Ghazi Abu Nahl: Even after all this time, trust is central to everything that I do as an Abu Nahl and my clients and employees can trust that our hard work and perseverance will pay off. I never build relationships that are one sided – instead I ensure that everything we do is mutually beneficial. I make sure to address any issues that arise honestly and head on. People don’t trust people who can’t provide straight answers. I’m also never afraid to apologise when something goes wrong and I will take the responsibility for finding the solution for clients and employees alike. It’s not always easy, but I strive to be patient and understanding in all of my business relationships. People’s time is of increasing value, and offering flexible solutions goes a long way to building up partnerships that work for everybody.

Q: What are the biggest barriers to building trust that businesses are facing today?

Ghazi Abu Nahl: I believe that an over reliance on the internet and social media has been detrimental to levels of trust in business. We are quickly learning that web search results and social media feeds don’t always tell the truth and it is getting harder and harder to filter through the noise and find the facts we need to make good decisions. In the last year alone, news stories about Russian bots, fake news and manipulative social media algorithms have called corporate communications and relationships into question all over the world. Can I trust what this business is telling me anymore? Business leaders need to make sure that the answer to this question is yes, and I recommend taking relationships back to basics – and face to face – to achieve this.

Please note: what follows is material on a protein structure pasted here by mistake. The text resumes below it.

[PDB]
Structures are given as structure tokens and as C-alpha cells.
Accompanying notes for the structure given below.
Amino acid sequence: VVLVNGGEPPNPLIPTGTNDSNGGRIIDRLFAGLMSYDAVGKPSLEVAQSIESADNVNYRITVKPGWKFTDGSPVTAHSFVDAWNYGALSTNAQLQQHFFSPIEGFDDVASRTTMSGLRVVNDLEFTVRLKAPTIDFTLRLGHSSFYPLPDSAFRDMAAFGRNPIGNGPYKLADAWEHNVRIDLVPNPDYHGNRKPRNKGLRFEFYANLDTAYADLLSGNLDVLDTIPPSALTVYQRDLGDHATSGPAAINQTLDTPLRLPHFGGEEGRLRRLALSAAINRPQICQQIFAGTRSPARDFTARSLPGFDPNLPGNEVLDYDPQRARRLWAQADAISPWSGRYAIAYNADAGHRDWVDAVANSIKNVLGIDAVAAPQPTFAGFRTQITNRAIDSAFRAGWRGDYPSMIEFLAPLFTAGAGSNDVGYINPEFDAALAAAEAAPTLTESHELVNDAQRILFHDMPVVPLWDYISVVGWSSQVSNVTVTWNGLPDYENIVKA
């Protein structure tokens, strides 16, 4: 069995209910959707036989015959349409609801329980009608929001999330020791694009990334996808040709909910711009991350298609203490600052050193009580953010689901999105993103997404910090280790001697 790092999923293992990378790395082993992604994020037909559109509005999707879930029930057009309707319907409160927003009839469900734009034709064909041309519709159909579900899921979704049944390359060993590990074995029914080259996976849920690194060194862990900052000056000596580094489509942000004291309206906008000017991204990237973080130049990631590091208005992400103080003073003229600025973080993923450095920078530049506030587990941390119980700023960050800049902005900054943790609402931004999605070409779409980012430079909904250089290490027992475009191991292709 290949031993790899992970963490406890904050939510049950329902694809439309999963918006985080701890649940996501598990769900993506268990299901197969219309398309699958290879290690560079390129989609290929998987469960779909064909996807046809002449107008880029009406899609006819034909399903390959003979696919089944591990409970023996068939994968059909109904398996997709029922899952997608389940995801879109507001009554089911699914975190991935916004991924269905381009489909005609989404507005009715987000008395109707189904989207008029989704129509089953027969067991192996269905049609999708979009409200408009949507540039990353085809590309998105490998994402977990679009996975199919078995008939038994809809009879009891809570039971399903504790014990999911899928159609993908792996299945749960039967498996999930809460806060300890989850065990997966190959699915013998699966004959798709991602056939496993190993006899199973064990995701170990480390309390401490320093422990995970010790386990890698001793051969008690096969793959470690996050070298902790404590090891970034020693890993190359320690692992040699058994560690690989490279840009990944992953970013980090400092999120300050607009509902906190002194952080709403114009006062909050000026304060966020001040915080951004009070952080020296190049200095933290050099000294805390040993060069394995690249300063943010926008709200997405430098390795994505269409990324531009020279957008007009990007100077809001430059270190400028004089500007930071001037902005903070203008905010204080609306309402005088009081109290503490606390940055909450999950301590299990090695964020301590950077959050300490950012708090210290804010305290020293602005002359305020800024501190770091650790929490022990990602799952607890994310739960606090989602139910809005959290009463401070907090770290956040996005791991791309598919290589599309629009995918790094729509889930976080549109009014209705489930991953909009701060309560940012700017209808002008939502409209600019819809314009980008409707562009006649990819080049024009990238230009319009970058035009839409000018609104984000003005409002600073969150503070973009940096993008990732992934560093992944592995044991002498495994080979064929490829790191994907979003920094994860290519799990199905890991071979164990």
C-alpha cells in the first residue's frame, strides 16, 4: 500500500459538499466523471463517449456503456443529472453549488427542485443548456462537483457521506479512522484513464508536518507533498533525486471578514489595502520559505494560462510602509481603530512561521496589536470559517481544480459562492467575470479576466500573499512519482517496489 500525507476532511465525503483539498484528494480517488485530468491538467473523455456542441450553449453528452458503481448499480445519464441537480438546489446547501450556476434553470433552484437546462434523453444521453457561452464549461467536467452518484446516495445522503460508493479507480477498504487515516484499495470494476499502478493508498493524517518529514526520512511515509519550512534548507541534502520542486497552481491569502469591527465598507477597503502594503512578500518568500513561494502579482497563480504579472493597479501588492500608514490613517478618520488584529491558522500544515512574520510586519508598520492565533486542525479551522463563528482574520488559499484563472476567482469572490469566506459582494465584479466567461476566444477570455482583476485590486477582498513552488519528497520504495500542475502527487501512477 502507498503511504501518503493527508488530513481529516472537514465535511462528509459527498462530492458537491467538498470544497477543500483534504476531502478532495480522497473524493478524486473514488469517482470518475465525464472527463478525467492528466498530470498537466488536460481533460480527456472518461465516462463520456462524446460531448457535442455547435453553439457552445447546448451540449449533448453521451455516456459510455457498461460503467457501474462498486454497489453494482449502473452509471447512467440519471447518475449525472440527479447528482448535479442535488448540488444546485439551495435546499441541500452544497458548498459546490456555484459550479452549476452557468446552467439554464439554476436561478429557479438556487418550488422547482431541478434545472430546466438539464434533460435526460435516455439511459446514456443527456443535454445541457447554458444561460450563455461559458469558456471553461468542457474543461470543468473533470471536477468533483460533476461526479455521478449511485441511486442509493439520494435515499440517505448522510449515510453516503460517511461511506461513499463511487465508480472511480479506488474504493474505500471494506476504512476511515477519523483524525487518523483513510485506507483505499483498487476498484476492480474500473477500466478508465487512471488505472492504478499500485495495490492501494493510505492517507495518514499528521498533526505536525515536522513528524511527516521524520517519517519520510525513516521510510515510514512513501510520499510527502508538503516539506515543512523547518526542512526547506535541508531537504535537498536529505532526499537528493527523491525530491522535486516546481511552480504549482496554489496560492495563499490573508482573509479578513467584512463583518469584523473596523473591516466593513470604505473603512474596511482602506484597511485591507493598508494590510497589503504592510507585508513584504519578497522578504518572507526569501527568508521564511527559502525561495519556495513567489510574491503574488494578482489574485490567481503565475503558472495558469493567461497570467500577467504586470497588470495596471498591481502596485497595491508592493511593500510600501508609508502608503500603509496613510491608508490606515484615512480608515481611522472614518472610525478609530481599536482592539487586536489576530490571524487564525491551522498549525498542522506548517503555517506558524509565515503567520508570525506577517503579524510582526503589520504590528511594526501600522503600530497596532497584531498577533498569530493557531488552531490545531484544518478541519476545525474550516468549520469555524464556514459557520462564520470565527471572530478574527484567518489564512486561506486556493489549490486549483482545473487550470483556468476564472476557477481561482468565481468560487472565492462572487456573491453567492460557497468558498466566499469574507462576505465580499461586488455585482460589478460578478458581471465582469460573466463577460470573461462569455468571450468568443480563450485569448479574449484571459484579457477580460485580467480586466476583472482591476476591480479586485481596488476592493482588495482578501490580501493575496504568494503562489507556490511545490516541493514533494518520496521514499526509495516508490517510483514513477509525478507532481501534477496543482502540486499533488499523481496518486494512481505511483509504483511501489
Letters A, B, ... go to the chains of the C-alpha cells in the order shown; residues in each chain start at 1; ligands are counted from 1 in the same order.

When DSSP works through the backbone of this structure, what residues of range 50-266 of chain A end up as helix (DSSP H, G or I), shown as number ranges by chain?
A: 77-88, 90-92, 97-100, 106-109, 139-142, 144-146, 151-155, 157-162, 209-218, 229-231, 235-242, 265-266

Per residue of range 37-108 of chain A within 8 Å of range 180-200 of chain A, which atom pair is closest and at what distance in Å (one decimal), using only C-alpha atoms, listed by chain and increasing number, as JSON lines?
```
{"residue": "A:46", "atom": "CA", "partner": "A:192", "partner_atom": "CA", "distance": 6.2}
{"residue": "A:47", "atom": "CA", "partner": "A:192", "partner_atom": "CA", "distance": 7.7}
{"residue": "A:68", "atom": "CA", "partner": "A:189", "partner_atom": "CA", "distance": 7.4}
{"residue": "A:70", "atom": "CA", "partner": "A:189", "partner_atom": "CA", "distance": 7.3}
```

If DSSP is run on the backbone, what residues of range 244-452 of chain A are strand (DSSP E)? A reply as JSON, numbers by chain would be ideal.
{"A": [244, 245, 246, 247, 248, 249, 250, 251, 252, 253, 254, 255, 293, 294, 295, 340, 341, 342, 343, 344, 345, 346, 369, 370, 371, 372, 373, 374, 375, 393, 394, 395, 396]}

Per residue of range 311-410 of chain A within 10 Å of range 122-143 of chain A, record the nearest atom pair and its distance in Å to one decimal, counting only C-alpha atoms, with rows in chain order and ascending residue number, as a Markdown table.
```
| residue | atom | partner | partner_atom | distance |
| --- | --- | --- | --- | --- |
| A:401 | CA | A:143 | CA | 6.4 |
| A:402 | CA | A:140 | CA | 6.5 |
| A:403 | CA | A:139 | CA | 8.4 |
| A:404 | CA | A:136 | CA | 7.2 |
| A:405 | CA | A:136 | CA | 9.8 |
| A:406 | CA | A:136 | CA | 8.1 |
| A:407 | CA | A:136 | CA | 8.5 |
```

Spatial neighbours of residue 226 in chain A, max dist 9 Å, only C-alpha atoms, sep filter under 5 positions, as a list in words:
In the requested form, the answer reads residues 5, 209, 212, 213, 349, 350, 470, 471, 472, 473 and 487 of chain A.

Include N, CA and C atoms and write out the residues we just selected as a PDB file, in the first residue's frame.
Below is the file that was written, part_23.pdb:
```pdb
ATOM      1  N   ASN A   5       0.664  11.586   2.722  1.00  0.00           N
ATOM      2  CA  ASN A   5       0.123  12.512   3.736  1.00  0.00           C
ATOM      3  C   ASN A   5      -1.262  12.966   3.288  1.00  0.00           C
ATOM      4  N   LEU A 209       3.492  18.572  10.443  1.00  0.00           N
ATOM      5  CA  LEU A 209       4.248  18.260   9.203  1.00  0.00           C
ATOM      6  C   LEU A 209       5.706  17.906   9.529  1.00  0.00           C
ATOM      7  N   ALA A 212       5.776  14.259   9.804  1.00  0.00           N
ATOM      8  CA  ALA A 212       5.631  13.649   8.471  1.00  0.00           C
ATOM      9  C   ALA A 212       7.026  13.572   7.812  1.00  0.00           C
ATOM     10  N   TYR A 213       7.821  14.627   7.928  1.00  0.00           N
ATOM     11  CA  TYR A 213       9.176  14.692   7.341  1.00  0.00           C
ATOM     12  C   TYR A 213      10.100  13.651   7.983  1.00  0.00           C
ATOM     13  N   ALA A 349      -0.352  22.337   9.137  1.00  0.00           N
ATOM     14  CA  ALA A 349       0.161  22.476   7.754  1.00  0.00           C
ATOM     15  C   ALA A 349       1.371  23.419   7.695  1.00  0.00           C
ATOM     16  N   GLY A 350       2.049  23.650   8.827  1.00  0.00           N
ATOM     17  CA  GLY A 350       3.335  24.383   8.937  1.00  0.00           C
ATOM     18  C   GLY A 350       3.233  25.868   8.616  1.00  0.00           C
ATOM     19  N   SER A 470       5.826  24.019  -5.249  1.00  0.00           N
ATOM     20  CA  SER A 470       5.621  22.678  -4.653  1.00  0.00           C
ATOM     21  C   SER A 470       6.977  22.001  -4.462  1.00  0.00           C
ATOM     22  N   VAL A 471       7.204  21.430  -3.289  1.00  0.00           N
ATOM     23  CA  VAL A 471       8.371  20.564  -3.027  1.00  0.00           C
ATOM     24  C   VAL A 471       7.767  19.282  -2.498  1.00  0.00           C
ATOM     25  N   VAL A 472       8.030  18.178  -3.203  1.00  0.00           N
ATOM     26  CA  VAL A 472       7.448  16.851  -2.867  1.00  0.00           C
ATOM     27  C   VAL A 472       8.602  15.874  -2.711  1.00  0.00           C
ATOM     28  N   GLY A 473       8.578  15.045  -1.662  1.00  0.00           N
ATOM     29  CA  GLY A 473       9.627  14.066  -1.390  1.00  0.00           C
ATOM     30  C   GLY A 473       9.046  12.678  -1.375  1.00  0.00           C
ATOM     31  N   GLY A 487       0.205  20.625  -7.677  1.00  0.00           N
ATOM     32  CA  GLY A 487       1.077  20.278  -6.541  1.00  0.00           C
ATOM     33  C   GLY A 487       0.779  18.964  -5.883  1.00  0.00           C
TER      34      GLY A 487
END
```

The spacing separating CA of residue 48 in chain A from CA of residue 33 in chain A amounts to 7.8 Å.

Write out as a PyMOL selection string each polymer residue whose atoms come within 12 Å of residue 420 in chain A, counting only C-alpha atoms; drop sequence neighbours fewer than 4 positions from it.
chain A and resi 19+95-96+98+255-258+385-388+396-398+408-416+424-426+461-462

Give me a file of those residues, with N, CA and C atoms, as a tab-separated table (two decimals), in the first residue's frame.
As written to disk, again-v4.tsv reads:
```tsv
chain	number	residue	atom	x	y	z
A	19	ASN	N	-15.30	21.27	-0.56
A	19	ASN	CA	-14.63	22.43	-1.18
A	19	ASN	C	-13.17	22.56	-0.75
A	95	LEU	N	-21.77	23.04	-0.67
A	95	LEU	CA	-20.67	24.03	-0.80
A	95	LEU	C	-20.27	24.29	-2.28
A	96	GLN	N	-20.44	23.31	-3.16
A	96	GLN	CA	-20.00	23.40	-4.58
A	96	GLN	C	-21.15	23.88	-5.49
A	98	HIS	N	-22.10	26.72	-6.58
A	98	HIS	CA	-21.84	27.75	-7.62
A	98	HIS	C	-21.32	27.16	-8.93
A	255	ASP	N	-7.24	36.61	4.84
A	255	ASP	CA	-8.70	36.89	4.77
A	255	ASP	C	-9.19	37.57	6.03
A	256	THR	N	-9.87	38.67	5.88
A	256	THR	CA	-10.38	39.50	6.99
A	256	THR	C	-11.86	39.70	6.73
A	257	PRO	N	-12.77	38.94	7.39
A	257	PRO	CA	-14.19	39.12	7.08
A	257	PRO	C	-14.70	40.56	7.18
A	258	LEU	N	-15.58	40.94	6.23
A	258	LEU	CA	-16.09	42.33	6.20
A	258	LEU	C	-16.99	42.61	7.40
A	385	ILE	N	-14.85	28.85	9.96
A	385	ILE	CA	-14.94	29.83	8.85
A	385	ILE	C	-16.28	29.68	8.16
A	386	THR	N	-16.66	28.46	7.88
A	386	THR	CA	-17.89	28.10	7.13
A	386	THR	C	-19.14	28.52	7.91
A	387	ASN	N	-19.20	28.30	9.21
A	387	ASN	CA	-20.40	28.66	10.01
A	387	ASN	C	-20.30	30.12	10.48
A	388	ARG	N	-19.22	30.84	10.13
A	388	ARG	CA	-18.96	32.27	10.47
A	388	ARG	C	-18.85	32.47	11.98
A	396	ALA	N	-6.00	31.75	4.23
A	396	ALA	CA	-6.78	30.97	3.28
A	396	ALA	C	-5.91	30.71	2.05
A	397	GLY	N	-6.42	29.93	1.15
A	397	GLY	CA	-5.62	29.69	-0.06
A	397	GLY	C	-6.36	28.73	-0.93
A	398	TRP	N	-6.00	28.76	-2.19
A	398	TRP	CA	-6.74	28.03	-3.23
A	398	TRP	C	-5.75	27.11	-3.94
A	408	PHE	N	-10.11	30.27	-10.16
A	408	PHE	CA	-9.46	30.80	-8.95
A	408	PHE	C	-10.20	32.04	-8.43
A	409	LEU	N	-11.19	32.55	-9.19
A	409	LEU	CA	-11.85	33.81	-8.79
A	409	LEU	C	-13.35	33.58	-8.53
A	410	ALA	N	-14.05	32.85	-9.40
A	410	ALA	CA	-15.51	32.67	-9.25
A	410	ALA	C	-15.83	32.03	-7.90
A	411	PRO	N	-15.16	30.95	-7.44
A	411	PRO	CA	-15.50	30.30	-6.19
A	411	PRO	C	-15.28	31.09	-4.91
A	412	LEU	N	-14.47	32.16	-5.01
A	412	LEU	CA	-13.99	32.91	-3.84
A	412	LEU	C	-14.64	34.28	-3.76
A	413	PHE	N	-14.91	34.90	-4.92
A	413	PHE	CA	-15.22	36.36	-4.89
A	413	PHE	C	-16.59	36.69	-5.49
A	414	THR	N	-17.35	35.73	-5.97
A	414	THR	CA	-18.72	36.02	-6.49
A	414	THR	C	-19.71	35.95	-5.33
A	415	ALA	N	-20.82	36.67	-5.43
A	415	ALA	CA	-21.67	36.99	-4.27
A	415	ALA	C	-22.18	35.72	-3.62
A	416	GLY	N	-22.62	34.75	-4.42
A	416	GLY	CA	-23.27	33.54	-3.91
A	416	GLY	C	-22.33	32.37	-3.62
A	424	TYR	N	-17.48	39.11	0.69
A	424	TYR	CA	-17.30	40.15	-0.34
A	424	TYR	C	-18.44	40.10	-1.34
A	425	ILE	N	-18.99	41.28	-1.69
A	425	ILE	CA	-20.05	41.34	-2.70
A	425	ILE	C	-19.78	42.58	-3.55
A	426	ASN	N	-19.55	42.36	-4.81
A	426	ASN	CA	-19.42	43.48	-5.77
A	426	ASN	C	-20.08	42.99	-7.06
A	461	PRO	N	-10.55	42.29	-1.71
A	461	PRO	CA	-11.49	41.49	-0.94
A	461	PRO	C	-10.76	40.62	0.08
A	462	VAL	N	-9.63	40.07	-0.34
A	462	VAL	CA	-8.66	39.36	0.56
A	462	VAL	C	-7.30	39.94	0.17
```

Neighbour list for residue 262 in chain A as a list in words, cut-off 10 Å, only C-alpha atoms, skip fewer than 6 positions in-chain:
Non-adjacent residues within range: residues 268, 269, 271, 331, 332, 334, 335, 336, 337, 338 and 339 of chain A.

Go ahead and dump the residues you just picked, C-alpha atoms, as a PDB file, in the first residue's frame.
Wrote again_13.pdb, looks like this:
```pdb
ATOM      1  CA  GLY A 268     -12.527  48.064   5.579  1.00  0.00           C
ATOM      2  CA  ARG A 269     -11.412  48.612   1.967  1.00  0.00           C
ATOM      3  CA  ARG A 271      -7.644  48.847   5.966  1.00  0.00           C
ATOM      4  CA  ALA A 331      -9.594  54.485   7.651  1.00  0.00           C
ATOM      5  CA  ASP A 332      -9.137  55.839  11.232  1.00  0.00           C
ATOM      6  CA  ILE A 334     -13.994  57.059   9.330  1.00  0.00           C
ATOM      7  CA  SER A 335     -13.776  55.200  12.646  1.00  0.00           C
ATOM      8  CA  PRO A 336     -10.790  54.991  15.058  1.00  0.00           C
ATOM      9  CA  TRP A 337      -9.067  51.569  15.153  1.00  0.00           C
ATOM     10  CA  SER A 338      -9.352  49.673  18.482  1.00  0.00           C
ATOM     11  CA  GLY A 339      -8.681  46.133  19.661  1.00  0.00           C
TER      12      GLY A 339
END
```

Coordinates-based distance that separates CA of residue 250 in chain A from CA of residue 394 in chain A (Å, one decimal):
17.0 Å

Q: Do you have any advice for business leaders on how to build trust?

Ghazi Abu Nahl: When you run a business you have to lead by example – if your staff trust you, they can learn a great deal from your words and actions when building trust with the clients. The days of being a ‘hands off’ leader are over. Instead, business leaders must be genuinely interested in the welfare of staff and clients, and this interest must be visible. I’d advise leaders to abandon their corner office and sit in amongst the action. Have an open door policy, and encourage your team to bounce ideas off you. Make sure that clients know that they can send you an email or pick up the phone whenever an issue arises. Advise those who need you honestly and with your expertise. You can draw on your professional and personal experience, and you should talk openly about your successes, failures and what you’ve learned along the way. With a commitment to honesty and openness, trust will come.

Global Banking & Finance Review